It was late spring last year, around this time maybe, and I happened to be at one of those proverbial crossroads in life. If we can stay in metaphor-land for a minute, I had limped and scratched and scrabbled my way to that crossroads and l couldn’t seem to make it any further but plopped down in the dust with the contents of my backpack splayed all around. I didn’t know at all how to pick up and keep moving so I sat there still, maybe even defeated.
Back in the real world, I was going to work every day at a good job, with people that I really liked, a boss who appreciated me, and doing work that could certainly be construed as meaningful. Also during that time, through nothing short of a modern-day miracle, I had taken up residence in a carriage house on the property of a darling, generous friend in beautiful home set on acres of land in the middle of a thriving St. Louis suburb. And there was a pool – a really good one. It was heated in the spring, so beginning early in the season, I would come home from work, float on my back and let the water slosh in my ears while I closed my eyes and spent time with my worn-out self on that dusty road, staring with broken confusion at the things of life scattered around me.
I was floating one day, and worrying. As usual. That day, it was about the “therefore, go”-ness of it all. “How,” I asked God, bold as if I were floating next to and conversing with one of my best girlfriends, “am I, being the me that I am, supposed to ‘therefore, go’?” I’m not an evangelist in a stand-on-the-street-corner, witness-to-my-hairdresser way, not an evangelist in the way I was raised to be. The aggressive, soul-saving, hell-fire teachings of my childhood were a large part of the confusion that drove me from religion as a young adult. Now that I had opened the door again to (consciously) invite God into my everyday life, how was I supposed to interpret the mission, or sending out? And as quick as I asked the question and stood up from my float to retrieve a ball one of my friend’s dogs had dropped in the pool, just as average as the way I tossed the ball and watched Eddie chase it through the grass, I felt an answer bubble up, like a casual response from that girlfriend swimming along with me, “Write and pray, Sara. That’s your way.” Oh, right, I thought. Of course. I went back into my float, breathing deep and staring at the giant true-blue sky, smiling and handing the me on the dusty road a cup of cool water.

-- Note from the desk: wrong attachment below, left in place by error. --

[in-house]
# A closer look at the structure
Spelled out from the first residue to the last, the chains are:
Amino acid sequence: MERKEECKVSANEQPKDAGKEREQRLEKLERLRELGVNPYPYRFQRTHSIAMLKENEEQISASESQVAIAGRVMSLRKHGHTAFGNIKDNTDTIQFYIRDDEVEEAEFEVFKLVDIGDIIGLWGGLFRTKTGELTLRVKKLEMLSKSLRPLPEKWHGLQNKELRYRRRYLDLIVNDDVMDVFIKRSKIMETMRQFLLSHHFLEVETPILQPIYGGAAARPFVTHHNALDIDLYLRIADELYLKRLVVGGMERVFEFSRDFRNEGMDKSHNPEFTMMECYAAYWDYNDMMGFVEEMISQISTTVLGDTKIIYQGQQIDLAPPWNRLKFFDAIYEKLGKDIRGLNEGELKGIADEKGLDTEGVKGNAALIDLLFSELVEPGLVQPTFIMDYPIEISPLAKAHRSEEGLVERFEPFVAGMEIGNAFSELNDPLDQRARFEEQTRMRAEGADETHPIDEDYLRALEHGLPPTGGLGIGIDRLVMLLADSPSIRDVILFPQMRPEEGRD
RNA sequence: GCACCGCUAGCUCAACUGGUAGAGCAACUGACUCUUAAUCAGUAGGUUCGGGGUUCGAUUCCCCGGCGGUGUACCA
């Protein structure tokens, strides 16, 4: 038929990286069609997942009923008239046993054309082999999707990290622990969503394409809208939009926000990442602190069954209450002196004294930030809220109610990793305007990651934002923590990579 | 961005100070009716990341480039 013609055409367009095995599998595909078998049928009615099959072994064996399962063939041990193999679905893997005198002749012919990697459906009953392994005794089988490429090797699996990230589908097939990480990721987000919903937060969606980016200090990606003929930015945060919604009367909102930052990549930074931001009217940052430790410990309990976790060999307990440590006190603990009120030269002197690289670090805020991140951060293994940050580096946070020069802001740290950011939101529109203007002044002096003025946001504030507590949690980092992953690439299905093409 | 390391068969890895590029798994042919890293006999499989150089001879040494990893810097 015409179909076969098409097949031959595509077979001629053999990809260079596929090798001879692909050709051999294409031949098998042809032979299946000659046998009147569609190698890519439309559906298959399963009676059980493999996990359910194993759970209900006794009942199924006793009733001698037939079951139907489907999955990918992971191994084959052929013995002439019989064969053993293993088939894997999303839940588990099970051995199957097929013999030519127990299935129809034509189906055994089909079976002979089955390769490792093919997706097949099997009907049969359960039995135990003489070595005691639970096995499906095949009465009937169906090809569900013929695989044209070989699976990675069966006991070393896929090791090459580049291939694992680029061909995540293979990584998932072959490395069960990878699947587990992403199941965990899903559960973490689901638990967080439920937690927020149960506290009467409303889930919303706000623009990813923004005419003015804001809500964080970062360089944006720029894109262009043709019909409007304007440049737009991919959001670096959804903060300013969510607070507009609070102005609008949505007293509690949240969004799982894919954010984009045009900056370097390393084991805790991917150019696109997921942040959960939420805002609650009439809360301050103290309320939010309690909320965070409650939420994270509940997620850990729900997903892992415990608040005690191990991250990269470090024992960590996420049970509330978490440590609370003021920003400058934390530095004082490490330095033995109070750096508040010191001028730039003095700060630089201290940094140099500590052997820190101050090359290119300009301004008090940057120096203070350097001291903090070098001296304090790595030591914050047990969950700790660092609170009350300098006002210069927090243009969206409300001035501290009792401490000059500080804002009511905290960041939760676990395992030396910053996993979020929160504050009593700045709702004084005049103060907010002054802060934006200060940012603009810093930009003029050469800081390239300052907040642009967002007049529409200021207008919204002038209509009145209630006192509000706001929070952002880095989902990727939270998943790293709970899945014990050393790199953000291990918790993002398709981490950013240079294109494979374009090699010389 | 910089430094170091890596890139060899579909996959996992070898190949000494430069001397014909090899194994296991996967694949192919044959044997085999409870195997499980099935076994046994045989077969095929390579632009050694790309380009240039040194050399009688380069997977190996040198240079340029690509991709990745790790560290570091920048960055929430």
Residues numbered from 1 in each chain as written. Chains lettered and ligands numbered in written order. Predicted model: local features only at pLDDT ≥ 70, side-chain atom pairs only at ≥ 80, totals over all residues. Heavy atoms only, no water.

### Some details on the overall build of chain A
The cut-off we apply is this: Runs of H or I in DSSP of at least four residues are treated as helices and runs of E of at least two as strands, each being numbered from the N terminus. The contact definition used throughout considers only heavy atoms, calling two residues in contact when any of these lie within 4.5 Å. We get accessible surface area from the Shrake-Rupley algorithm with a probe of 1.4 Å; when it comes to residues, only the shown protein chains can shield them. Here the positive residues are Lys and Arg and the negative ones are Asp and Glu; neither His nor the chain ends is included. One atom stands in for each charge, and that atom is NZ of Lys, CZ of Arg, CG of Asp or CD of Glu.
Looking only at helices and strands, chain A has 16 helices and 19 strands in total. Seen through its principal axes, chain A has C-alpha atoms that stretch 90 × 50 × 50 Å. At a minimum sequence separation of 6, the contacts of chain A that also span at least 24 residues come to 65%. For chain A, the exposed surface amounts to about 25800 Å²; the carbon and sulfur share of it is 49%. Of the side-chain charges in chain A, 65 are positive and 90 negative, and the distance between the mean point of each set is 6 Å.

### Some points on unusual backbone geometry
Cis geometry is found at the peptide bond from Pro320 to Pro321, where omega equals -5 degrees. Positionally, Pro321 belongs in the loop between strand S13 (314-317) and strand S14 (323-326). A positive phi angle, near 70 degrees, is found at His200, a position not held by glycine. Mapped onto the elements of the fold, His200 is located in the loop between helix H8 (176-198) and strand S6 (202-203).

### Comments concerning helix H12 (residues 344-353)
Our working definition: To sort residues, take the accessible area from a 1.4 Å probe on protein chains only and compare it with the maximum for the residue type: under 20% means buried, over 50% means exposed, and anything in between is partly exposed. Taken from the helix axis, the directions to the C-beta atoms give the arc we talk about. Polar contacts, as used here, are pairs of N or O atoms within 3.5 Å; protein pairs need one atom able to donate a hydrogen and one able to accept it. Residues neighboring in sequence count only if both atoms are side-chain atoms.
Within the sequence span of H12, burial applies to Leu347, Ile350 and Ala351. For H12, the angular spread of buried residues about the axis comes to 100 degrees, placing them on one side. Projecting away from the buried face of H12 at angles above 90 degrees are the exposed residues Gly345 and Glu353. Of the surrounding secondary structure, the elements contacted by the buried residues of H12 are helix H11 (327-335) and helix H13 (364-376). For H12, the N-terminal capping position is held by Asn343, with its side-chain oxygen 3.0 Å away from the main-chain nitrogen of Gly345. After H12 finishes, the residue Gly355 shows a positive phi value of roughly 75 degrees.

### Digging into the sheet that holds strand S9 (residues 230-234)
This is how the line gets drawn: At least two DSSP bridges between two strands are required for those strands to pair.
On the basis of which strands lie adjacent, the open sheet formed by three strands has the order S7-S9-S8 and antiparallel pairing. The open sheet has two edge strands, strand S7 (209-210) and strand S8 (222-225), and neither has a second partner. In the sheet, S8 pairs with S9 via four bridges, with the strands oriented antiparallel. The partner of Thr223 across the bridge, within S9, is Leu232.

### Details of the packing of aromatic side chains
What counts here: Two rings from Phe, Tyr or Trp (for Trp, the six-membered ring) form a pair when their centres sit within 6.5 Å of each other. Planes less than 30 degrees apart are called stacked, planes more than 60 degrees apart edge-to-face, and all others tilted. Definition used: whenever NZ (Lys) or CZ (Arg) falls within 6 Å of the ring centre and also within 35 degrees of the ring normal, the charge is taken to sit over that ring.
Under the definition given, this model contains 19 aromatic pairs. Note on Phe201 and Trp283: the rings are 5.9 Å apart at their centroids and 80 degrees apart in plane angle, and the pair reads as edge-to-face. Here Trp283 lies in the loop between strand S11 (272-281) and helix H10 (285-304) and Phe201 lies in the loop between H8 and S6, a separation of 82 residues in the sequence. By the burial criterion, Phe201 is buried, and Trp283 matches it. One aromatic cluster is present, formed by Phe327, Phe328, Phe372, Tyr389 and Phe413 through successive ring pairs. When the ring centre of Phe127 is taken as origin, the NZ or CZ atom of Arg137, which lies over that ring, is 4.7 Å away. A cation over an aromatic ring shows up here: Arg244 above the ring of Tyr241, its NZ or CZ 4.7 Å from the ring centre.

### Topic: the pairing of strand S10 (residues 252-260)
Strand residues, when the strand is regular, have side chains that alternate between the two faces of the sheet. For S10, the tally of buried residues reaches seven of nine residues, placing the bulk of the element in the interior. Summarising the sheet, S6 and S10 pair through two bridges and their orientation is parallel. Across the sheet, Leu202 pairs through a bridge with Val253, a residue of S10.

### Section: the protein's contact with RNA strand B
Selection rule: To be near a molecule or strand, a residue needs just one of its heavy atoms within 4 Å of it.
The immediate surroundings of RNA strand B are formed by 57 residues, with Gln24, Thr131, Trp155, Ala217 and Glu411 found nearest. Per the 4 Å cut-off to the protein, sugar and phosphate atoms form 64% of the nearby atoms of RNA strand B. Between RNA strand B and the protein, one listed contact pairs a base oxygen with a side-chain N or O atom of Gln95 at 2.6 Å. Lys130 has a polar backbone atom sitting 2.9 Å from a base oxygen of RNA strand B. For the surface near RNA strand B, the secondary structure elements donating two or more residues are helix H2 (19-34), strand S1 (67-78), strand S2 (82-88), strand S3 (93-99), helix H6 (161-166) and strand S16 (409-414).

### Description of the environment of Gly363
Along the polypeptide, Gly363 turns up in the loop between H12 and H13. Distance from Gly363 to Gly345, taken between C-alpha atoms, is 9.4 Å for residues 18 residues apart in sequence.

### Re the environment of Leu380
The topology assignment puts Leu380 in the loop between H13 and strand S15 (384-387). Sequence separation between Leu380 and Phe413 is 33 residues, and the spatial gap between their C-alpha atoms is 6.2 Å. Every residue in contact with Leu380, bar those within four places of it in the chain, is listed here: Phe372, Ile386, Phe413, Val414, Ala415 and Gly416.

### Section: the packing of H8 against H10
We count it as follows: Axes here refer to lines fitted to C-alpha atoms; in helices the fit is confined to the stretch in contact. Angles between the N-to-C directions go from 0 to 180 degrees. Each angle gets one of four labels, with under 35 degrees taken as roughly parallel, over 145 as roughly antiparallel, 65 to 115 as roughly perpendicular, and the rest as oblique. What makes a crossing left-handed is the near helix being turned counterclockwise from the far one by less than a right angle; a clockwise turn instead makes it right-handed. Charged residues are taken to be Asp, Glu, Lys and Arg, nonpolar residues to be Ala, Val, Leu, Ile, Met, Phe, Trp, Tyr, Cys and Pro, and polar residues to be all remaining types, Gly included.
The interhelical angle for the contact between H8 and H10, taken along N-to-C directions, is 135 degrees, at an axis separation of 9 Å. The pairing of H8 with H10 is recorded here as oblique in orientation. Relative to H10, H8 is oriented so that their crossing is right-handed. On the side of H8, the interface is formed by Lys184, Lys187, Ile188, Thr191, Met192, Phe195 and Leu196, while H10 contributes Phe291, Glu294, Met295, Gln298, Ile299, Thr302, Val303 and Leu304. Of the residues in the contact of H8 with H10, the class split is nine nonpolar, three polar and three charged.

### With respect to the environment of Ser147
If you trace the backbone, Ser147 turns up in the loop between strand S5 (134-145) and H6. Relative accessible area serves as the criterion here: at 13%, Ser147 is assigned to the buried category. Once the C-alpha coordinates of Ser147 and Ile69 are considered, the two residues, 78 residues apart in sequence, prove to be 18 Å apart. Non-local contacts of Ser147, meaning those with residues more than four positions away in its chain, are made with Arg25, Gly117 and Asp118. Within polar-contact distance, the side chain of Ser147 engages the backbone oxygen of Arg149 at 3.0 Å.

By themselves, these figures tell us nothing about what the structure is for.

There was a lot in flux at that moment in life, and many things have now begun to settle out, so I can look back with at least a bit of perspective. One of the fruits of that day in the pool/that time spent on the road is a clarity that prayer is a way of life. I Thessalonians 5:17 says “Pray without ceasing.” In a 2015 Washington Times article, Barry Black, chaplain of the US Senate, wrote: “The Greek word for ‘without ceasing’ [here] …doesn’t mean nonstop — but actually means constantly recurring. In other words, we can punctuate our moments with intervals of recurring prayer.”
I’ve long thought of my life’s vocation as writing, and fantasized (and prayed for) a time when that vocation would line up with an everyday-life kind of career, but with that swimming pool epiphany floating around in my head, I wonder… what if praying is my vocation too? I’ve been doing it in a “constantly recurring” way for years, as a means of survival, a surrender that gets me to the next moment, and the next, and the next. And what if praying is part of my response to the sending out, my action of daily “therefore, go”-ing?
Tish says, “Holiness itself is something like a craft — not an abstract state to which we ascend, but an earthy wisdom and love that is part and parcel of how we spend our day” (94). I think she’s got that right. Doing my everyday life work of responding to emails, creating marketing materials, filing paperwork, planning events, answering the phone, and acting as a sounding board to for the people around me — all in an attitude of ceaseless prayer is one of my ways of being sent, of living out the great commission, of embracing that missio Dei.
I did eventually get up out of the dirt and keep on walking the path, and that backpack is feeling lighter most days now. But it does still get heavy, and whether I feel the weight or not, I’m asking for help every step of the way. Vocation or moment-to-moment plea, this praying without ceasing thing has become a way of life and I like to think it matters beyond my own little mixed-up, dusty-road, sometimes great-big-swimming-pool world.
Well, from my lips to God’s ears, as they say. Amen and amen.
A reflection on Liturgy of the Ordinary: Sacred Practices in Everyday Life, by Tish Harrison Warren. Chapter 7, “Checking Email: Blessing and Sending.”